Butler Handed Handspring’s $15-20 Mil. Account

Print, Online Campaign Will Introduce a New Handheld Computer
SAN FRANCISCO–Handheld computer developer Handspring has awarded its estimated $15-20 million creative and media account to Butler, Shine & Stern following a review of undisclosed shops primarily on the West Coast.
“Butler, Shine & Stern’s creative thinking was the strongest we had seen,” said Claire Dean, director of marketing communications for the Palo Alto, Calif.-based company.
“Most importantly,” Dean added, “when we presented our vision of the handheld market and showed them our products, they immediately grasped the magnitude of the market opportunity and connected with our product vision and its potential.”
Neither the client nor the agency would divulge any details about Handspring’s new handheld product. Agency president and principal Greg Stern did call it “a most remarkable and ingenious product.”
The Sausalito, Calif., agency will launch a national campaign during the fourth quarter to introduce the upcoming product. Stern said the agency’s initial ad efforts will mostly be comprised of print and online executions.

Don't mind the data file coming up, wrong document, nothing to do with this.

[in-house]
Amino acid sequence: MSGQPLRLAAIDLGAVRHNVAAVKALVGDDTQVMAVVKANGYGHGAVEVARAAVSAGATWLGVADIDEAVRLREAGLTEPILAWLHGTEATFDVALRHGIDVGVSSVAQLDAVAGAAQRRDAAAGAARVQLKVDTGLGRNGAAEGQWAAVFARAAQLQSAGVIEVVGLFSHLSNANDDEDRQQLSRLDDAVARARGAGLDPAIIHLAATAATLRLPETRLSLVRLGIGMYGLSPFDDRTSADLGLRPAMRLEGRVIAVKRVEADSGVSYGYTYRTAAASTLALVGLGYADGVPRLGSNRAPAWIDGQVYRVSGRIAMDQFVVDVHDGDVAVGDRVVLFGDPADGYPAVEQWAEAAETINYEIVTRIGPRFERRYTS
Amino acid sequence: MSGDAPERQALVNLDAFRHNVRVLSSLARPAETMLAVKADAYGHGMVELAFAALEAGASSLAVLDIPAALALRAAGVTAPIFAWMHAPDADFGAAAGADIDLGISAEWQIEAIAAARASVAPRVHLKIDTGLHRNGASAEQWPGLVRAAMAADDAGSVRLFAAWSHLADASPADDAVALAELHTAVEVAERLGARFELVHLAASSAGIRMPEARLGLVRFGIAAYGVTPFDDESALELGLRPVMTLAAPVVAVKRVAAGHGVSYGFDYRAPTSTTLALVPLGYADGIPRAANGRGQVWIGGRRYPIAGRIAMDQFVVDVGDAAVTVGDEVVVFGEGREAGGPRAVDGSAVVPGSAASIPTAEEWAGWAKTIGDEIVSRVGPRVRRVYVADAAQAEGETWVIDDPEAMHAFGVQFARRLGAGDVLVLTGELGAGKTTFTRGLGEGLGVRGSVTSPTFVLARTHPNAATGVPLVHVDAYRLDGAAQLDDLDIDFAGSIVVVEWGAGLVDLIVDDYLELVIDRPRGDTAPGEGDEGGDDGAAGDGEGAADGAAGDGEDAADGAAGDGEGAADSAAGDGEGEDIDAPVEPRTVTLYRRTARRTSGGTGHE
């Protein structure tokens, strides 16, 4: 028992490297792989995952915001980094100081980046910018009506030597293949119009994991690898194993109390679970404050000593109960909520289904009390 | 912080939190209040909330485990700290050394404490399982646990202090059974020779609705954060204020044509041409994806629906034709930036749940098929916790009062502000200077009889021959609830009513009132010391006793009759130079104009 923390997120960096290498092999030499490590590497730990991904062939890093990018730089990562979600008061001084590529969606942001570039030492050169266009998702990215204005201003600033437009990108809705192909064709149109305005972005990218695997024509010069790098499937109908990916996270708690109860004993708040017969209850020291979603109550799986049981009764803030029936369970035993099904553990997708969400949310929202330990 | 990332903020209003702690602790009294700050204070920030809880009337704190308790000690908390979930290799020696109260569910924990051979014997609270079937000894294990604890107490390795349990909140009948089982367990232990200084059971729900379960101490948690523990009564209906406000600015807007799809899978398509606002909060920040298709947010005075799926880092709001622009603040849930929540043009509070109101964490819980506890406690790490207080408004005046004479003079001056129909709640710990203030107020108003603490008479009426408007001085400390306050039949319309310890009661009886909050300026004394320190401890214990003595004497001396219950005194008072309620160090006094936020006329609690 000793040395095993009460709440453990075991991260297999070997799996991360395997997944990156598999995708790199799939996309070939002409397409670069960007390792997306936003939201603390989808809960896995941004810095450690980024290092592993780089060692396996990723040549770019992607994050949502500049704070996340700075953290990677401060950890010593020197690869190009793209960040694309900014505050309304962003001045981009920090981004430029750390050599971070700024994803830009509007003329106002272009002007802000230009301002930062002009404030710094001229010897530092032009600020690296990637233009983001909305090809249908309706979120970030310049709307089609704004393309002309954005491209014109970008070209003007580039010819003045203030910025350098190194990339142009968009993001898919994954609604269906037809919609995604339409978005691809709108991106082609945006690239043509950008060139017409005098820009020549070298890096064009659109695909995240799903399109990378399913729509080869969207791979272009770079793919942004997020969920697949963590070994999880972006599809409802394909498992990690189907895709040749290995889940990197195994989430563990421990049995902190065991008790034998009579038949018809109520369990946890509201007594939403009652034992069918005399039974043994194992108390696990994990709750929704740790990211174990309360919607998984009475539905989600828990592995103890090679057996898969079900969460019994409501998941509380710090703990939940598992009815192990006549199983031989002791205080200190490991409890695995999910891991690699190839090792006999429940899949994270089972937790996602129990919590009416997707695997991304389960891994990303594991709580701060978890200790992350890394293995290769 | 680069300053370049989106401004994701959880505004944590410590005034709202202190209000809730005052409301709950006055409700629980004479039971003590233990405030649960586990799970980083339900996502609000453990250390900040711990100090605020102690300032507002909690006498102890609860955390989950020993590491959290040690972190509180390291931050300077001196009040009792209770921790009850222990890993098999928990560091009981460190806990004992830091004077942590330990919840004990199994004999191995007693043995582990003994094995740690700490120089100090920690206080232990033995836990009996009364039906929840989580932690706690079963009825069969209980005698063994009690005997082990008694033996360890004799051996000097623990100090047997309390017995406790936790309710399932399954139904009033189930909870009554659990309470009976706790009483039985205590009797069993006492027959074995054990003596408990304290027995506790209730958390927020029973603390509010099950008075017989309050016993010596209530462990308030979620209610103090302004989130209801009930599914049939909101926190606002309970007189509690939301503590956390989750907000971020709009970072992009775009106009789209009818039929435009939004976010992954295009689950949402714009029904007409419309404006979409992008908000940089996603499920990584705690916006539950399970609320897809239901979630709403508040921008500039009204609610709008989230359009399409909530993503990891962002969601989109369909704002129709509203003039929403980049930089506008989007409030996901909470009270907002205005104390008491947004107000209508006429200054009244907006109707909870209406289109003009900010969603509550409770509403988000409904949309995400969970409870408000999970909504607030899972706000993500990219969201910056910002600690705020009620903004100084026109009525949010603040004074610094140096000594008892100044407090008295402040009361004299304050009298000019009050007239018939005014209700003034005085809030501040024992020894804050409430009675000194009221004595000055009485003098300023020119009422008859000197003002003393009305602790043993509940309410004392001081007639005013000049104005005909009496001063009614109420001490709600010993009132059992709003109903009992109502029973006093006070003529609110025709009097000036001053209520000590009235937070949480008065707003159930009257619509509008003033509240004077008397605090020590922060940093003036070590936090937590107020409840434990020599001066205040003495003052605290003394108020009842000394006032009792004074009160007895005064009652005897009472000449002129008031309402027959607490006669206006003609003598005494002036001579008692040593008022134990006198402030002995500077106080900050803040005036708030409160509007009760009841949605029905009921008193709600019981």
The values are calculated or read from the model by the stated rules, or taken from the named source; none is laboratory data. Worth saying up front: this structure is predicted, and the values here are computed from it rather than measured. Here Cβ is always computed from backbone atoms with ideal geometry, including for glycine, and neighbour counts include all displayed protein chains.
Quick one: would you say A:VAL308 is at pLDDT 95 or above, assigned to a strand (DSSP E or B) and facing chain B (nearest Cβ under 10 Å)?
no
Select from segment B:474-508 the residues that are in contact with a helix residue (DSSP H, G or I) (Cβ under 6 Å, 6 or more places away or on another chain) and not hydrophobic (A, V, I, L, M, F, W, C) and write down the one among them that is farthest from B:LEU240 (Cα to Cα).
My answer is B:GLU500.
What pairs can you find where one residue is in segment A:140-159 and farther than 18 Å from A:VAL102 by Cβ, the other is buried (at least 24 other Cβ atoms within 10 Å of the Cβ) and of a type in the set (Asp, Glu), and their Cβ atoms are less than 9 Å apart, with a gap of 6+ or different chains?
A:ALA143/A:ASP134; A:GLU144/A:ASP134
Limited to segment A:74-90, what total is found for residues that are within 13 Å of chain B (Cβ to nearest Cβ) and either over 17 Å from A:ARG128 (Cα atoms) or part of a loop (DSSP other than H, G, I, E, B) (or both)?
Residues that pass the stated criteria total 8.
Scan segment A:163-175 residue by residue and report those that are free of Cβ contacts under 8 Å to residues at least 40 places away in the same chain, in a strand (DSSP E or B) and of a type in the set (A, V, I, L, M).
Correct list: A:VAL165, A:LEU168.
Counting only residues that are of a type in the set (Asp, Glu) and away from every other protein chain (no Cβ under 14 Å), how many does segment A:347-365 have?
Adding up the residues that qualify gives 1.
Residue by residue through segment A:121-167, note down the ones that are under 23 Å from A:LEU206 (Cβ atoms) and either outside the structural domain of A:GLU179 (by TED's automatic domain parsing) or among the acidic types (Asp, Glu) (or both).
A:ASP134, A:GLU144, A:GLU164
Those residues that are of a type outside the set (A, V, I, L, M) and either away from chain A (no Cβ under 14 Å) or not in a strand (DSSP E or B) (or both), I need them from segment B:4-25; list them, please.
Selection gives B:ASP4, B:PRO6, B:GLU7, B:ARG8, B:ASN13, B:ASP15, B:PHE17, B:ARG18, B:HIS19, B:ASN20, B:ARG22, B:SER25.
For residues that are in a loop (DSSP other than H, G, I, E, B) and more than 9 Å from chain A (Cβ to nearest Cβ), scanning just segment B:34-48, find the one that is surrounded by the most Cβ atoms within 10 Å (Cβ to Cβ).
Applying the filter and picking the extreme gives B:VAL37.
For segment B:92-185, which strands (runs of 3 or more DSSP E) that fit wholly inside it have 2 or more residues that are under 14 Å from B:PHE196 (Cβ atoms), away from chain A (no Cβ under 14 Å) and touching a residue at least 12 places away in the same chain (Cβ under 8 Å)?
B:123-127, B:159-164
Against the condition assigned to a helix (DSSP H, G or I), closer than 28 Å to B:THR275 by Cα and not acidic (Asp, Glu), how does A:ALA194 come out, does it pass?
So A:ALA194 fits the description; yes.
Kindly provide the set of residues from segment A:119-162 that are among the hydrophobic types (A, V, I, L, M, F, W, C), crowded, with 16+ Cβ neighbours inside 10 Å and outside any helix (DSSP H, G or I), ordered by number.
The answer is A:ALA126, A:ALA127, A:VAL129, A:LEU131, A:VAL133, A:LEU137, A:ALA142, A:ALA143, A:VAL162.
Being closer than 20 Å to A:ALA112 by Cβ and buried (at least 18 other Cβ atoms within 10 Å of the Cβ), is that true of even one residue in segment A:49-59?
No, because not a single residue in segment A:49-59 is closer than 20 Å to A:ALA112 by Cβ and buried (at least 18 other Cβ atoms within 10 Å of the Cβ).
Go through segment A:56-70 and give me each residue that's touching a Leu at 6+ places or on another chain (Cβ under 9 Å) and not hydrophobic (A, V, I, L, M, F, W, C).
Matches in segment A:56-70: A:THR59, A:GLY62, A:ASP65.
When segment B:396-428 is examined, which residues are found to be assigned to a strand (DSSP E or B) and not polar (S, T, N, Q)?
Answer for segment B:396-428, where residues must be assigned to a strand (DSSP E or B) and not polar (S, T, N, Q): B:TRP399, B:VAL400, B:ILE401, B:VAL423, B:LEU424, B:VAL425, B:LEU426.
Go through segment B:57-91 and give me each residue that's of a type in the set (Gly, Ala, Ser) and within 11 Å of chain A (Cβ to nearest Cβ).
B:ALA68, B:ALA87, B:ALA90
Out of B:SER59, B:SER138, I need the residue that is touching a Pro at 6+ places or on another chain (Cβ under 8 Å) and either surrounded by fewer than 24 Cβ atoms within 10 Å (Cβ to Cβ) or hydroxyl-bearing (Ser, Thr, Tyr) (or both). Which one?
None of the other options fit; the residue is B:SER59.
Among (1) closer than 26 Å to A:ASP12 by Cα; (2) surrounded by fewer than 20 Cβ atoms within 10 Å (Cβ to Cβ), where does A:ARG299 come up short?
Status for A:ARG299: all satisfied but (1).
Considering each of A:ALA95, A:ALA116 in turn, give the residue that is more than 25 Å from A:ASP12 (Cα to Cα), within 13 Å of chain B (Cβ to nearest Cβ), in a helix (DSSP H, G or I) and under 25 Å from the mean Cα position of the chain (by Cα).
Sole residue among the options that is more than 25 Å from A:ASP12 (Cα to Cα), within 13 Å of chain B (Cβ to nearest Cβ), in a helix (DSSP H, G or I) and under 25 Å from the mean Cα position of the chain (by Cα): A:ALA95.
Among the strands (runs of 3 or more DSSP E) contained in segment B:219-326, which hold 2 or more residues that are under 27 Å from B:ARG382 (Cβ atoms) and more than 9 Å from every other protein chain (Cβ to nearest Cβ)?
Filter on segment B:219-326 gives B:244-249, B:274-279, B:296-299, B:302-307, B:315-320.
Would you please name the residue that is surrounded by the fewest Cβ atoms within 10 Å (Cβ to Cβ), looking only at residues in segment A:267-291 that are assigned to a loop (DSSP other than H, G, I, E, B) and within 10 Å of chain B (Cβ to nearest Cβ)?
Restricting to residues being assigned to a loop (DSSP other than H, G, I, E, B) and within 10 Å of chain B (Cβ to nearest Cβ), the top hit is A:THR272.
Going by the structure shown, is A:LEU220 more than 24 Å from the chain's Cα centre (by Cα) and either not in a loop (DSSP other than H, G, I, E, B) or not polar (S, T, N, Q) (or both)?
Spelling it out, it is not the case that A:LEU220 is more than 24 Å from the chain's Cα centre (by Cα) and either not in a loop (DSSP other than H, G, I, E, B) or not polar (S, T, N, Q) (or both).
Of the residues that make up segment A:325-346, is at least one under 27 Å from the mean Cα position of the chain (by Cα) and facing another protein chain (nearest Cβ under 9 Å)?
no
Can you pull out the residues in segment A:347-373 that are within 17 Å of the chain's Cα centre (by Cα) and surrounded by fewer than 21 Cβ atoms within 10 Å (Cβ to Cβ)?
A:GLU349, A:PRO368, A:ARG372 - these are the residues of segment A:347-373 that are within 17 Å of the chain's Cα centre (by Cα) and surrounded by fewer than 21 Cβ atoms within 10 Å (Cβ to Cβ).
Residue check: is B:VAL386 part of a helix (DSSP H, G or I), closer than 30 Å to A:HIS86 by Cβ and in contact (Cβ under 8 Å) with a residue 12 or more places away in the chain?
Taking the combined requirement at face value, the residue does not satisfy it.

Handspring, founded late last year by Jeff Hawkins and Donna Dubinsky, former executives of 3Com’s Palm Computing division, is planning to launch affordable handheld computers in the sub-$200 range [Adweek, July 19].
The company has a licensing agreement with 3Com to use the latter’s Palm OS technology. The Palm Computing platform will be used in Handspring’s products, which will be marketed heavily to the mainstream consumer market. In contrast, 3Com’s Palm Pilot (advertising for which is handled by Foote, Cone & Belding, San Francisco) is marketed primarily to hard-core business users.
Separately, Butler has launched an estimated $5-10 million national campaign for E-Stamps, a provider of postage over the Internet. An initial print execution features a circular postmark that reads, “E-Stamp has made it possible to print postage stamps from your computer. Now if we could only get the Treasury Department to call us back.” The campaign uses the tagline, “We’ll get it right.”